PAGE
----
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"MIT Dome night1 Edit" by Fcb981, this edited version by Thermos. CC-BY-SA 3.0 Unported.
"MIT Dome night1 Edit" by Fcb981, this edited version by Thermos. CC-BY-SA 3.0 Unported.

Billions of “nonprofit” colleges’ wealth comes from speculation on Wall Street. Why not tax them for it?

A current bill making the rounds in Massachusetts’ State House, called the Endowment Tax Act (H.2824/ S.1834), is proposing to tax all Massachusetts universities with endowments of more than $1 billion. Unsurprisingly, the richest colleges of Massachusetts, the proposed tax targets, are not so happy about it.

The bill would require all revenue to go towards massively boosting funding to public higher education. If passed, the 2.5 percent tax it would levy would generate at least $2 billion per year as of 2023 according to its House sponsor, Natalie Higgins (D-Leominster).

In addition to concerns about the financial woes it would create for these universities, which I will debunk in the second part of this op-ed, critics have questioned what right the Commonwealth has to tax these private, non-profit institutions at all. “There is no reason to single out particular institutions based on their endowment,” said MIT Economics Chair Jonathan H. Gruber according to the Harvard Crimson

So what right does Beacon Hill have to take money from Harvard University and other private universities in the first place? Especially if these universities have earned that money themselves? 

For one thing, despite purporting to provide a public good, these institutions have refused to enroll more students, all the while the wealth of their endowments has grown exponentially in recent decades. 

But the real catch is that Harvard and company didn’t exactly earn their present fortunes by themselves. No, I’m not talking about donations from billionaire alumni where they endow a new library to get their son admitted. I’m talking about these universities’ ever-growing reliance on the stock market in the form of hedge funds and private equity to balloon their wealth beyond proportion. If you ever hear someone say, “Harvard is just a $51 billion hedge fund with a university attached,” this is why.

Just in 2016, as Astra Taylor of the Nation reported, “experts I consulted estimate that over $100 billion of educational endowment money nationwide is invested in hedge funds, costing them approximately $2.5 billion in fees in 2015 alone.” 

Given the growing push to tax Wall Street more for their often exploitative speculation, shouldn’t we do the same for universities that call themselves non-profits yet have spent the last few decades making billions in profits from speculation on Wall Street? 

It wasn’t always this way: as UC Merced economist and “Bankers in the Ivory Tower” author Charlie Eaton notes, the obscene wealth of these colleges only began in the 1970s. At the time, the growing power of the finance industry led universities to increasingly bring in hedge fund managers to invest their funds intended for education into the stock market. “[F]inanciers helped Princeton increase its endowment by 847 percent from $2 billion in 1973 to $22 billion in 2016,” Eaton said

At this point, it is a matter of saving these institutions from their addiction to money and power above all else. According to Taylor of the Nation, in 2011 over half of all college endowments “allowed board members to do business with the university”. This has made them more beholden to the interests of the hedge funds whose employees increasingly dominate their boards, as this scandal at Dartmouth laid bare.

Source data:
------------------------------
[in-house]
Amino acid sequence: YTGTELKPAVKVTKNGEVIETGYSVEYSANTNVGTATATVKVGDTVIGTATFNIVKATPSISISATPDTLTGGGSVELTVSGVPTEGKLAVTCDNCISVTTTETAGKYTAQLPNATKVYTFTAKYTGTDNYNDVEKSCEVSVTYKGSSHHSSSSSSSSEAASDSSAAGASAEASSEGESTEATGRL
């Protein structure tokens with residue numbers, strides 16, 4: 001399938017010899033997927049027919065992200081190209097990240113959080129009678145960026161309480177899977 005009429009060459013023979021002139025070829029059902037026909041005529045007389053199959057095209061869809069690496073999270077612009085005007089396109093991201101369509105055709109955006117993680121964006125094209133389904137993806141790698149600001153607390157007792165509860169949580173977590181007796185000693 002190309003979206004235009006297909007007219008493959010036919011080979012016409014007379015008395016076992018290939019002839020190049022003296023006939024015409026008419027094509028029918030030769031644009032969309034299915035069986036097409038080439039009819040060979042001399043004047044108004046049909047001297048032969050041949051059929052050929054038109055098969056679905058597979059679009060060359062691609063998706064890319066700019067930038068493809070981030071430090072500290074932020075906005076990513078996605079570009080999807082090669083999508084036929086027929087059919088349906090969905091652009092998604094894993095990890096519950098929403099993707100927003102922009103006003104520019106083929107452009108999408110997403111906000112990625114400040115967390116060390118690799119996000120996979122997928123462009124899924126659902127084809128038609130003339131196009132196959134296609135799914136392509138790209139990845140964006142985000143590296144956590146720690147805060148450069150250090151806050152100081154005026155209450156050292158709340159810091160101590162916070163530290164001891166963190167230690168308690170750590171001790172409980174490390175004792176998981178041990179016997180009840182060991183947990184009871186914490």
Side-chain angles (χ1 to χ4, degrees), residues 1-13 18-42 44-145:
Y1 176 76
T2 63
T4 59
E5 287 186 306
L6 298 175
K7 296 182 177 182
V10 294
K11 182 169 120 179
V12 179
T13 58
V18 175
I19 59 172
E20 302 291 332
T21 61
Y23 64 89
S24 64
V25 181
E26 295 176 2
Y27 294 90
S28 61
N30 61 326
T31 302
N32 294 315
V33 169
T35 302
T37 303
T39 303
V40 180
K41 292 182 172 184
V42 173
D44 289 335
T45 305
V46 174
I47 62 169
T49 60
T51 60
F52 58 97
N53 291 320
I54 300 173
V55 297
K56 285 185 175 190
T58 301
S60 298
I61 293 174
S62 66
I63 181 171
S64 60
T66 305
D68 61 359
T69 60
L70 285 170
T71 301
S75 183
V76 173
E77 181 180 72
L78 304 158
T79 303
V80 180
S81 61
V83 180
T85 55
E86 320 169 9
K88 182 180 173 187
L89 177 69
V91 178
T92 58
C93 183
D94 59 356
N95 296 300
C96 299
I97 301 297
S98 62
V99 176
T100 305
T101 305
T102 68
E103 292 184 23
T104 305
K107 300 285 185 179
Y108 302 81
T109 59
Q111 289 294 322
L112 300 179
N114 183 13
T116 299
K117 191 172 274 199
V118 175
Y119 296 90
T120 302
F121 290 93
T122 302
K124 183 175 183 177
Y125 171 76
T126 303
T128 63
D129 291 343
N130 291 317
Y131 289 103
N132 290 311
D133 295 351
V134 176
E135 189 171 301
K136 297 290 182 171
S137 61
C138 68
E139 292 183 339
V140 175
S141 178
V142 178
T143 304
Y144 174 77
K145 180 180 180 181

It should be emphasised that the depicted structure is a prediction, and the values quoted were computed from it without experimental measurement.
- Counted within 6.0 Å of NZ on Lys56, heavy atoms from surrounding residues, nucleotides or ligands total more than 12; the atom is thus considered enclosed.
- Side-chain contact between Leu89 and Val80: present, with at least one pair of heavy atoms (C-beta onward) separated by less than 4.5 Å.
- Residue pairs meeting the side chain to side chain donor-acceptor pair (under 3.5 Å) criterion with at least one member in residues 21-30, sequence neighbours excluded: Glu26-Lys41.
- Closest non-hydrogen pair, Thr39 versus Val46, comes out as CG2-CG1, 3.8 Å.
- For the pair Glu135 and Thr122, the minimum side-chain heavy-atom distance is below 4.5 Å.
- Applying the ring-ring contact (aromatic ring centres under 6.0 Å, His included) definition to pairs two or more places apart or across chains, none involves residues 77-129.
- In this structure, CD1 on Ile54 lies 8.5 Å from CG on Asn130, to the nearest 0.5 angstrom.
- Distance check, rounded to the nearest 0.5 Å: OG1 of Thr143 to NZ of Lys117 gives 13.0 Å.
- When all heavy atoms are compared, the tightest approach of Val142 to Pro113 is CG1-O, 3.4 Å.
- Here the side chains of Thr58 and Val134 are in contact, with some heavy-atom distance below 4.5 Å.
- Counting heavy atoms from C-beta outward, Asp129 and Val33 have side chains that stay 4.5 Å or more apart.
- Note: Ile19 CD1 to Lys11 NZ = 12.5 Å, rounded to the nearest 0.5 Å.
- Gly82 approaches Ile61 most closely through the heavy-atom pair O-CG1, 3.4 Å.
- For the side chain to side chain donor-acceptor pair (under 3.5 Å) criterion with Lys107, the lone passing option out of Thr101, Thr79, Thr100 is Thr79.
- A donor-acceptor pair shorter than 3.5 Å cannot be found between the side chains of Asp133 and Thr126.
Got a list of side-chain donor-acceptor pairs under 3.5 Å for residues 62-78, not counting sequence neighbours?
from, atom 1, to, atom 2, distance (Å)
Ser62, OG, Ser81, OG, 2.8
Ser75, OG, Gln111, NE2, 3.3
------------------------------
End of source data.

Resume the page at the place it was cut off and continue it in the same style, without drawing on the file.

In turn, this calls into question how beneficial these institutions are for students as opposed to the private equity barons running them. As Julien Berman of the Harvard Crimson wrote, “In 2014, five rich institutions including Harvard paid more to private equity fund managers than they dished out in aid to their entire student bodies.” Meanwhile, another study Berman noted found that endowment increases have no effect on tuition. In other words, Harvard getting more money is not making it any more affordable. 

So if these universities continue to not only acquire unparalleled sums of wealth through shady Wall Street speculation but also refuse to adequately use it for their students, why not tax them and give the proceeds to public universities who will put it to better use? That is what the Endowment Tax sets out to do.

Of course, the Endowment Tax is by no means a silver bullet to the wide range of other challenges Massachusetts’ state schools face today. These range from the exploitation of workers, to rising debts, to reduced funding for cherished humanities and arts programs. 

And nor should this bill be the only solution: these private universities do rely very heavily on their endowments, and excessive taxation would indeed hinder the groundbreaking research and nourishing of promising young minds these schools are famous for. (It just so happens that the amount this bill taxes would not be excessive enough to financially ruin these colleges.)

Nonetheless, achieving anything as monumental as tuition-free college through the Endowment Tax would give us the momentum to face these problems head on. Because passing this bill is not just about more funding, it is about sending a message: that the ultimate service of any university must be to the people. And if they fail in that mission, it is the people’s job to make them do better. 

Liam Rue is a UMass Amherst rising senior studying political science and Spanish. He is also a volunteer communications worker for the Public Higher Education Network of Massachusetts (PHENOM), a Massachusetts nonprofit advocating for the Endowment Tax Act and other legislation aimed at improving the affordability and quality of Massachusetts public higher education.

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